Gazetteer of the State of Maine, 1882 page 518
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Gazetteer of the State of Maine With Numerous Illustrations, by Geo. J. Varney

BOSTON. PUBLISHED BY B. B. RUSSELL, 57 CORNHILL. 1882. Public domain image from

518    GAZETTEER    OF    MAINE.

since been taken to form Franklin and Piscataquis counties. Nor-
ridgewock was the shire town until about 1870, when a new and elegant
brick building containing a court-room and offices was presented to the
county by Hon. Abner Coburn, and the county seat was changed to
Skowhegan. There are now twenty-eight towns and four organized
plantations. The townships classed as Wild Lands number 68. The
The number of polls in 1870 was 8,169. In 1880, 8,698. The number
of children of school age in 1870 was 11,068. In 1880 it was 10,873.
The population of the county in 1870 was 34,611. In 1880 it was
32,339. The valuation in 1870 was $10,048,159. In 1880 it was

Somerset Mills, a village, railroad station and post-office
in Fairfield, Kennebec County.

Somerville is the north-westerly town of Lincoln County.
It has Washington on the east, Jefferson on the south, Windsor, in
Kennebec County, on the west, and Palermo and Liberty, in Waldo
County, on the north and cast. The town is about six miles long by
three and a half wide. It contains two ponds, Patricktown or Long
and James; the first being about two miles in length, and the last a
mile long and half a mile in width. The Sheepscot River, which has
its origin in these ponds, furnishes a water-power here carrying a saw-
mill and a flour and grist-mill having three sets of stones. There are
sever il other lumber-mills in the town that manufacture lumber, clap-
boards, shingles and laths. These mills all run two-thirds of the year.
The town is about 20 miles N.N.E. of Wiscasset. It is on the stage-
line from Augusta to Rockland, and about 15 miles from the former.

The principal eminences in town are Crummet Mountain and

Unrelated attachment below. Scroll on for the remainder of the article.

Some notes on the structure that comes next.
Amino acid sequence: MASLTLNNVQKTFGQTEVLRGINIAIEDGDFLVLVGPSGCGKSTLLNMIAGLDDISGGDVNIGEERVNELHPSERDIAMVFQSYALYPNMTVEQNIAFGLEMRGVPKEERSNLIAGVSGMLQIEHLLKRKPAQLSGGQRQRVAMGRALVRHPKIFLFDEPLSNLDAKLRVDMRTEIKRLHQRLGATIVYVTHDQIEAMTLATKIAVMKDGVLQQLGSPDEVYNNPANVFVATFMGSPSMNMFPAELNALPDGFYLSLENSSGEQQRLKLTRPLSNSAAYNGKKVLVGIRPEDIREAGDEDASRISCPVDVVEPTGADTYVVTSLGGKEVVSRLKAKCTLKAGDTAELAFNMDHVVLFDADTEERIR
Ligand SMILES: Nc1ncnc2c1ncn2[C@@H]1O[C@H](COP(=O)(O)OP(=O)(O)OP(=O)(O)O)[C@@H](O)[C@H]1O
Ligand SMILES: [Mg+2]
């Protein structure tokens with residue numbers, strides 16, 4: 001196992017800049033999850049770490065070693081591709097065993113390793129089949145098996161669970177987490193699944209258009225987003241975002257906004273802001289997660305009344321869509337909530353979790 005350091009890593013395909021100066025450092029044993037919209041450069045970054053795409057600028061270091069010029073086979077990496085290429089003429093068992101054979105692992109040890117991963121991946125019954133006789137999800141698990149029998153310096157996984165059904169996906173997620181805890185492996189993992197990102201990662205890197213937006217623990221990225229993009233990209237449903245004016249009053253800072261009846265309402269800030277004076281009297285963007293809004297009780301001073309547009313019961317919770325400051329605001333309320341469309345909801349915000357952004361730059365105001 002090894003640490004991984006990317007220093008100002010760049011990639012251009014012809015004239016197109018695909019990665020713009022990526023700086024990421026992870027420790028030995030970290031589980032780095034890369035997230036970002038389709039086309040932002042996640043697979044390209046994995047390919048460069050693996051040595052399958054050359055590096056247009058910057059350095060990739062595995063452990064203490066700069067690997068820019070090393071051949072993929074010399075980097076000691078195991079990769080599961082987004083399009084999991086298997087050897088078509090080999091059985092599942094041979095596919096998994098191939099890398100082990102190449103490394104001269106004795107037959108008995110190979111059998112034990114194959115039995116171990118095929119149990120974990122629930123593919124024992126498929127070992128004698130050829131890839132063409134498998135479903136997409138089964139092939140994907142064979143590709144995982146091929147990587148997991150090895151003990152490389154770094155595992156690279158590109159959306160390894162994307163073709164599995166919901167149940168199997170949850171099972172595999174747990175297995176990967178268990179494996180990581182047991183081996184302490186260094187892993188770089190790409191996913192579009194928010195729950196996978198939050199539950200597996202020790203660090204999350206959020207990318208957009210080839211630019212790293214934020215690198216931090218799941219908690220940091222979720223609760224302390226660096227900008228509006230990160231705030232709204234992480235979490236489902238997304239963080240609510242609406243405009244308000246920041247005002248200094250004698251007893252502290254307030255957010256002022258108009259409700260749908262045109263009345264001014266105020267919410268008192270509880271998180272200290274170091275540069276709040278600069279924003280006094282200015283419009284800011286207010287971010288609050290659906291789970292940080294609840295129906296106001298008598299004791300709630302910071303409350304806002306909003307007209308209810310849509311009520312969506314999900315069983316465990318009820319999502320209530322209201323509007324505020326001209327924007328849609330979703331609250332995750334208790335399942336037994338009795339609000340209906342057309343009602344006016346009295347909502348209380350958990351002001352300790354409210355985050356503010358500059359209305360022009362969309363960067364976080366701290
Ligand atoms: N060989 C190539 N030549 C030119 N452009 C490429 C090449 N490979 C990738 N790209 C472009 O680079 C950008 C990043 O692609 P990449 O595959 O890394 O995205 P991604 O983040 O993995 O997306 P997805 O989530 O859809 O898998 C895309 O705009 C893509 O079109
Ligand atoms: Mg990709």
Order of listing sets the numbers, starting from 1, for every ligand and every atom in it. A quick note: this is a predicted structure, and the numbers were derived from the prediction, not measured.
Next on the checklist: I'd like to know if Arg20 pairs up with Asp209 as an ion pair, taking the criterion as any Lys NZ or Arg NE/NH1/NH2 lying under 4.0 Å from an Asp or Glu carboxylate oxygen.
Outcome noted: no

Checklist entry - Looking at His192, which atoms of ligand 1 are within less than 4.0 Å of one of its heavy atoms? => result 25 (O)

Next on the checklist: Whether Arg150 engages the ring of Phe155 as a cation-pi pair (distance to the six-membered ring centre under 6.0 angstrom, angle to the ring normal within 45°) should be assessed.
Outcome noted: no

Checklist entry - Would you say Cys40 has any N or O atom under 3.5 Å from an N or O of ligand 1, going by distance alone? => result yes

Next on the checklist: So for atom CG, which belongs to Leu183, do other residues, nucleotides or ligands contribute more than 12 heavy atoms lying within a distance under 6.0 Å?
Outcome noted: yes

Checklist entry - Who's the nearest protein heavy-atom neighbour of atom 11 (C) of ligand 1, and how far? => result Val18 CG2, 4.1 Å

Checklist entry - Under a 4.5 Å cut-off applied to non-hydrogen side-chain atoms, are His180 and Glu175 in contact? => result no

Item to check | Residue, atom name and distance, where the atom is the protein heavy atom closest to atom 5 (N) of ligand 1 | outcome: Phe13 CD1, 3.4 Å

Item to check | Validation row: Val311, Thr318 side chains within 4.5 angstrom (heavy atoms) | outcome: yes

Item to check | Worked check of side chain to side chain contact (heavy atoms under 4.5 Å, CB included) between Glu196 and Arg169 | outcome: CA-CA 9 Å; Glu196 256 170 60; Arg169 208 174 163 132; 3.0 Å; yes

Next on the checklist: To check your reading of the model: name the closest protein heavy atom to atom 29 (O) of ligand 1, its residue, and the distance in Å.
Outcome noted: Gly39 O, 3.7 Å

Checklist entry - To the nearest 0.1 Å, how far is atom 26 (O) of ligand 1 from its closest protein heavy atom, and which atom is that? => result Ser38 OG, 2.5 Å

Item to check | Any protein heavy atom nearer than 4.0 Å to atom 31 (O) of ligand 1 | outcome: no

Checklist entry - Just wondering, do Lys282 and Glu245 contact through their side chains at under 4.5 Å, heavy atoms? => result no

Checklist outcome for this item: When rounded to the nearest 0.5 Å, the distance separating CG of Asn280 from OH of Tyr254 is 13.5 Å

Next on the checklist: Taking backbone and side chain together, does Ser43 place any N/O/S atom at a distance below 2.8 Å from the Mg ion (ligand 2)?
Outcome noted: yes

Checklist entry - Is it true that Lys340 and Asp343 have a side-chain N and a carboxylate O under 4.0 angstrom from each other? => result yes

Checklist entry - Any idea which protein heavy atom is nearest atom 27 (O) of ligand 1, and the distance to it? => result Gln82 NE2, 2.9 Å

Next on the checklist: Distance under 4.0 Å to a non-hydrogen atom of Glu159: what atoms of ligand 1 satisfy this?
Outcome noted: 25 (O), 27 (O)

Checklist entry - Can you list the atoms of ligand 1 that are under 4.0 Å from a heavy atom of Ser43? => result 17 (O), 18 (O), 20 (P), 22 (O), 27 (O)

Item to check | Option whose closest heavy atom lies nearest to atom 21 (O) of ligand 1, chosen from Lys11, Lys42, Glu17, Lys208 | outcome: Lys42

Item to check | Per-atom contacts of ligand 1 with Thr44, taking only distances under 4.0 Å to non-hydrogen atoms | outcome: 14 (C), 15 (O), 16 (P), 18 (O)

Dodge Hill, each about 200 feet in height. The rock is largely granitic.
The soil is rocky and hard, but yields well of the crops cultivated,
which are chiefly hay, potatoes, corn, oats, barley and wheat.

Somerville was formerly Patricktown Plantation. It was incor-
porated as a town in 1858. Among the eminent citizens of the past
were David and William Gilpatrick, Enoch Gove, Ichabod Marr,
John Evans, Joseph Toby, Porter Dodge, Walter Wilson and Jefferson
Moore. There are twenty or more persons resident in town who are
upwards of seventy years of age, and one Daniel Davis, who is one
hundred and three years of age, “ smart and active as seventy.”

The principal religious society is the Second Advent. The school-
houses serve for religious meetings. The numberof public schoolhouses
is five, which, with other school property, are valued at $1,000, The
valuation of estates in 1870 was $86,685. In 1880 it was $106,235.
The rate of taxation in the latter year was twenty-three mills on the
dollar. The population in 1870 was 505. In 1880 it was 540.

South Berwick, in York County, has Eliot and York on
the south and south-east, Rollinsford in New Hampshire on the west,
Berwick, North Berwick and Wells on the north-west and ^Wells on
the north and north-east. The greatest length of the town, is about 9
miles, being from north-east to south-west. The area is stated in the
York County Atlas, as 13,856 acres. The principal bodies of water are


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